An execution has not taken place in Sri Lanka for more than four decades, but that may be about to change. Since 1976, convicts sentenced for drug trafficking have seen their death sentences commuted to life in prison.
President Maithripala Sirisena says the country is looking for resumes of people who want to become hangmen, Reuters reports. The previous hangman quit the job in 2014 before completing an execution, while another hangman who was recruited for the job in 2018 simply refused to show up.
"We never know if the government will resume the death penalty, but we want to hire two hangmen to fill vacancies and be ready if the government wants to execute drug traffickers," a spokesman for Sri Lanka's prison system said Tuesday, Reuters reports. The hangmen could earn about 36,310 rupees, or $203.99, each month, according to a job listing in the state-run Daily News. That salary is above average for the public sector in the country, Reuters noted.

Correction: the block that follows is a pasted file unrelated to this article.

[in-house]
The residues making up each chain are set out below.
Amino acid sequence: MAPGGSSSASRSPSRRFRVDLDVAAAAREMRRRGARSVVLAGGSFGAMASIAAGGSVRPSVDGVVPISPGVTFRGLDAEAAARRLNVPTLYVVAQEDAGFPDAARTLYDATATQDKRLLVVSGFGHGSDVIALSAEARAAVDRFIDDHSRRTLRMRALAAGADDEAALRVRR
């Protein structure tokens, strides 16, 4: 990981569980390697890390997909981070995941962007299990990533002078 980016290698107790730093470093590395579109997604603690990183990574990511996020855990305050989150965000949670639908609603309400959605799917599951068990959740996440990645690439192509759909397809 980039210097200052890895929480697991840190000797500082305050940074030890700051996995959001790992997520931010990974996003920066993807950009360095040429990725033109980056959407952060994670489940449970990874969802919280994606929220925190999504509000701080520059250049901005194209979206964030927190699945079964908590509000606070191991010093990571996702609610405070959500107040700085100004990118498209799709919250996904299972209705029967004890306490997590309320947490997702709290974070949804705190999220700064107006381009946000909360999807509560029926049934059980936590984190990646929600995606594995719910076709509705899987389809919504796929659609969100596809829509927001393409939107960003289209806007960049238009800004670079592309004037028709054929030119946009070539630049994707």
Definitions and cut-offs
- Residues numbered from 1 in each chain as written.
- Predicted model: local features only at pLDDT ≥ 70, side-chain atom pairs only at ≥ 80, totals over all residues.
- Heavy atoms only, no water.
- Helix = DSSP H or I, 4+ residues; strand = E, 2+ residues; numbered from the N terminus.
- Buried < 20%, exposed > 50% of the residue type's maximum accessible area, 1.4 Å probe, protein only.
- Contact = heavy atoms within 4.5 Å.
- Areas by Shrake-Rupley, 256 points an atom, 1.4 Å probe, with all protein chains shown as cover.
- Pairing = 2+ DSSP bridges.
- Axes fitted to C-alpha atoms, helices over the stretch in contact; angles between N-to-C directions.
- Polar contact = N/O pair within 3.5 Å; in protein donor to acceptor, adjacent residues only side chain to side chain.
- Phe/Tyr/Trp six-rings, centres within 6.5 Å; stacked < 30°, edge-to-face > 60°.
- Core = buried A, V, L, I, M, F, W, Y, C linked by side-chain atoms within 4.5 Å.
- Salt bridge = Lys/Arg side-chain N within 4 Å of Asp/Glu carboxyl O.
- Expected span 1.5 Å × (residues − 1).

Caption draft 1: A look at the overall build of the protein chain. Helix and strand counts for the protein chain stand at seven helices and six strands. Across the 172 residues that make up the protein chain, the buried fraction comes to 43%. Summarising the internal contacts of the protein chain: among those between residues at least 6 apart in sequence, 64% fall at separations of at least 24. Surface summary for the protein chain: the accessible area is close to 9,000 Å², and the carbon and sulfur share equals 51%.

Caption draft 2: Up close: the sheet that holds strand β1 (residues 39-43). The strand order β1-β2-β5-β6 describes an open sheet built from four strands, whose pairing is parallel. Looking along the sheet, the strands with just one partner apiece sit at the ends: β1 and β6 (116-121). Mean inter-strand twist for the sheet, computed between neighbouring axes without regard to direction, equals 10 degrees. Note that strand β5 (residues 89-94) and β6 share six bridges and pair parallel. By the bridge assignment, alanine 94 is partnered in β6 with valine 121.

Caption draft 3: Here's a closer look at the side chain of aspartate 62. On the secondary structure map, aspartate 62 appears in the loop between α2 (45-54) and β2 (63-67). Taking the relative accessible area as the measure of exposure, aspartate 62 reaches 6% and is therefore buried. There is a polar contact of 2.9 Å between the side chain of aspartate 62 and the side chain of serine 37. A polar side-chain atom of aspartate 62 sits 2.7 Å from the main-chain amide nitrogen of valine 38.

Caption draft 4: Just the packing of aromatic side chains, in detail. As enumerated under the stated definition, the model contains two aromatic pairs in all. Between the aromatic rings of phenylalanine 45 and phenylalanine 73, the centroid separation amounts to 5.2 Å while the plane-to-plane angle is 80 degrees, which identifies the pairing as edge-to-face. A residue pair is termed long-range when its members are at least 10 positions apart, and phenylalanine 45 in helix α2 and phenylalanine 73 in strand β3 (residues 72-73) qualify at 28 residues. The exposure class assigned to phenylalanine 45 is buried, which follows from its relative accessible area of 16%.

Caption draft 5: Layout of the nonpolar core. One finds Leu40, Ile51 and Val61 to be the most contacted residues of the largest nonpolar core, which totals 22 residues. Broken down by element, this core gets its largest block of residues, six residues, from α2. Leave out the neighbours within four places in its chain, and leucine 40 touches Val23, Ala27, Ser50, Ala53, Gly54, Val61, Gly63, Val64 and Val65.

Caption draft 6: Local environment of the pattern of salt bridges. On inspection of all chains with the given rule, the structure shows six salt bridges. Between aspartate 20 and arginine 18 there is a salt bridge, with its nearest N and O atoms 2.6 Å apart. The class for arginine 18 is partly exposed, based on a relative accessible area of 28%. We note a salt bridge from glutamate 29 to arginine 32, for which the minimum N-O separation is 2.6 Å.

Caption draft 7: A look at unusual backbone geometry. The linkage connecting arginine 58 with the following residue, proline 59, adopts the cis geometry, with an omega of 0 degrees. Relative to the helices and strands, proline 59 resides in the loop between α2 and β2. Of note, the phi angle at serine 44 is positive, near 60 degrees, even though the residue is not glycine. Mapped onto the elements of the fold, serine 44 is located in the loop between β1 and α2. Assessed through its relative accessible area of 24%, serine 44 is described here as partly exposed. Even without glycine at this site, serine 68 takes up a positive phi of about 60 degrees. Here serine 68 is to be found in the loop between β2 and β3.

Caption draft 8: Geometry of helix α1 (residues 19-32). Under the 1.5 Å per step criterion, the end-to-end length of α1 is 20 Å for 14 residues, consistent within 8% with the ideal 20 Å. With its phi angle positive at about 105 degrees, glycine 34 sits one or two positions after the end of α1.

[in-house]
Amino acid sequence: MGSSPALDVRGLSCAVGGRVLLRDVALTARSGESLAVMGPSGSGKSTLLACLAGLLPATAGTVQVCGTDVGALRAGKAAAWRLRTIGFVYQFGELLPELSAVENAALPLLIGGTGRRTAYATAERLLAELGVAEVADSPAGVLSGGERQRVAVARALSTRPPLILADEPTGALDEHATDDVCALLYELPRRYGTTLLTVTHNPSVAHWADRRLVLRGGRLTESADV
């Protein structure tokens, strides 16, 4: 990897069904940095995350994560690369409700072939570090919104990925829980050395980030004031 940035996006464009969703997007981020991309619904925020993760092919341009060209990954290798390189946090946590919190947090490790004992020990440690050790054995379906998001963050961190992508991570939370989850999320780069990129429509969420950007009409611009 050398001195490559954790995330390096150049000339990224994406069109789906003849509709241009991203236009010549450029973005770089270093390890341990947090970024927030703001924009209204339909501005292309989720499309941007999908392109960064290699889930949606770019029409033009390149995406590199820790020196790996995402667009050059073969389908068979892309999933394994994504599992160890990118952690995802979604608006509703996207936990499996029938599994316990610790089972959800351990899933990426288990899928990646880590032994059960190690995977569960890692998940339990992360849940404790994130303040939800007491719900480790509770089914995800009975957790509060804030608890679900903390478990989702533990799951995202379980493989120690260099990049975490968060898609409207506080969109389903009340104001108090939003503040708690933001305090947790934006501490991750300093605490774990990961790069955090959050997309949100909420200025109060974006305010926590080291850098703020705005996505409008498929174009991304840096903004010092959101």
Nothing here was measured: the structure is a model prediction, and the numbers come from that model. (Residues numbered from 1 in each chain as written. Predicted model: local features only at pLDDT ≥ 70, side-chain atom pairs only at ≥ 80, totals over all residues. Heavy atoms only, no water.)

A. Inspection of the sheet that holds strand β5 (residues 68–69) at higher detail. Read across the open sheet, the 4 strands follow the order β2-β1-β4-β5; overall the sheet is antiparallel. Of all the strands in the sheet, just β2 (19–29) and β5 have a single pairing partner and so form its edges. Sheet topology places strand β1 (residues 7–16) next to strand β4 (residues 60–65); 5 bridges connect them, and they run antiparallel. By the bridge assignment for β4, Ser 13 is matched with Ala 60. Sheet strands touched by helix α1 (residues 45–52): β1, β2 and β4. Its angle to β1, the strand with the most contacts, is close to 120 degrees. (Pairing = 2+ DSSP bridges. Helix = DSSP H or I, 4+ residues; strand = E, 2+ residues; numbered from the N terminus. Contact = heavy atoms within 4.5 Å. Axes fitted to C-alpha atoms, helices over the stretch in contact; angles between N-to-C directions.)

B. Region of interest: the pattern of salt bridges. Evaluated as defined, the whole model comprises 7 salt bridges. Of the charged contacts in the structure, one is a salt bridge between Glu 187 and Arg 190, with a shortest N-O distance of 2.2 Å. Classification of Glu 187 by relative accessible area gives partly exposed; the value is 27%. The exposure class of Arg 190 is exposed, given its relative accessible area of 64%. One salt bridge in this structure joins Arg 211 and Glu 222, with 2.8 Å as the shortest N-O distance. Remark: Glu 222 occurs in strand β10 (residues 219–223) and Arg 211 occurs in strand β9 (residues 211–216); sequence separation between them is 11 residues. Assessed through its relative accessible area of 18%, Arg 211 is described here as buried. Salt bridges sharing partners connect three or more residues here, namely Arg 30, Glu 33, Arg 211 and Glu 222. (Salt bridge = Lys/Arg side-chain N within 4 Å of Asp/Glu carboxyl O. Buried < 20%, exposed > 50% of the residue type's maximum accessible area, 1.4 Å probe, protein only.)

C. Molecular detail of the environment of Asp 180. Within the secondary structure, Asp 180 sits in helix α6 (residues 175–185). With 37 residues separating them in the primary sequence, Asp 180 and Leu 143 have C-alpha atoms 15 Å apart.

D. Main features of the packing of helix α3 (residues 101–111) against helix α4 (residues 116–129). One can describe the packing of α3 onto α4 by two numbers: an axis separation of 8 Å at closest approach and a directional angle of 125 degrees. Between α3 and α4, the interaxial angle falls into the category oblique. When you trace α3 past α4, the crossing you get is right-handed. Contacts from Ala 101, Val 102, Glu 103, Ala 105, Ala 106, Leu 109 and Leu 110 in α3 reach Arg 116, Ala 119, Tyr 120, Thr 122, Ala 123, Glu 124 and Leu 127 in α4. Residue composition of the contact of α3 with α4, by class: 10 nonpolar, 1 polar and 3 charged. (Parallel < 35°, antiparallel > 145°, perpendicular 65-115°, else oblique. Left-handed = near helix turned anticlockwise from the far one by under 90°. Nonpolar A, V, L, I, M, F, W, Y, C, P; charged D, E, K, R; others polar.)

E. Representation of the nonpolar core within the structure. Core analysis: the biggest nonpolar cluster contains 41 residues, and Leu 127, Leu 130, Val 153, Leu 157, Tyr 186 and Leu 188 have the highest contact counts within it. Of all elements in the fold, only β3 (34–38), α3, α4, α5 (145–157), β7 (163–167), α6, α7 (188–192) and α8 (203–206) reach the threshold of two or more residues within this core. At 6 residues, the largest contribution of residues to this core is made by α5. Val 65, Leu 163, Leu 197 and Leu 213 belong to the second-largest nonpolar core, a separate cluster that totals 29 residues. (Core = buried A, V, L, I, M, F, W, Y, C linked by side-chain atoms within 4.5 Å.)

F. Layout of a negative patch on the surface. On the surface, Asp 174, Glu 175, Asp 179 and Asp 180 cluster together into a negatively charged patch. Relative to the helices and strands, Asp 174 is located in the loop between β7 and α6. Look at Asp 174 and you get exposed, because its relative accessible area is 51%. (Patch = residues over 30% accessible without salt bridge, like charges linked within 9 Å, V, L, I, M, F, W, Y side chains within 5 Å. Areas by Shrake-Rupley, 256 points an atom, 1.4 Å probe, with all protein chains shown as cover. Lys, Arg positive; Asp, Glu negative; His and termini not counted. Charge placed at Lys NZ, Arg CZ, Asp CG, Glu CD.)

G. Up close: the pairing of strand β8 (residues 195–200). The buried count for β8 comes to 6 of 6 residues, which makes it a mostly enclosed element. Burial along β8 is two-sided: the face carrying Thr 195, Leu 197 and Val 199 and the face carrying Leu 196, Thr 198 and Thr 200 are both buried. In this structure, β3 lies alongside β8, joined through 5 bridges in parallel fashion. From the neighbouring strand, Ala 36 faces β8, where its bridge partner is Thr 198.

The prison service plans to start interviews for the two open hangmen positions next month.
The Sri Lankan president is an admirer of Philippine President Rodrigo Duterte, who was voted into office in 2016. Critics have denounced the brash Filipino's war on drug traffickers, saying the effort does not allow due process and has resulted in thousands of extrajudicial killings. During a January 2019 state visit to Manila, the capital of the Philippines, Sirisena called Duterte's aggressive anti-drug policies an "example to the world."
"Excellency, the war against crime and drugs carried out by you is an example to the whole world, and personally to me. Drug menace is rampant in my country, and I feel that we should follow your footsteps to control this hazard," Sirisena said, according to a report by Rappler.
Duterte has laid out his plans to fight the drug problem in clear terms. "You drug pushers, holdup men and do-nothings: you better get out, because I'll kill you," Duterte said the day before being elected to office in 2016.
"You destroy my country, I'll kill you. And it's a legitimate thing. If you destroy our young children, I will kill you. That is a very correct statement," Duterte told Al Jazeera in 2016. "If it involves, human rights, I don't give a s**t. I have to strike fear, because the enemies of the state are out there to destroy the children."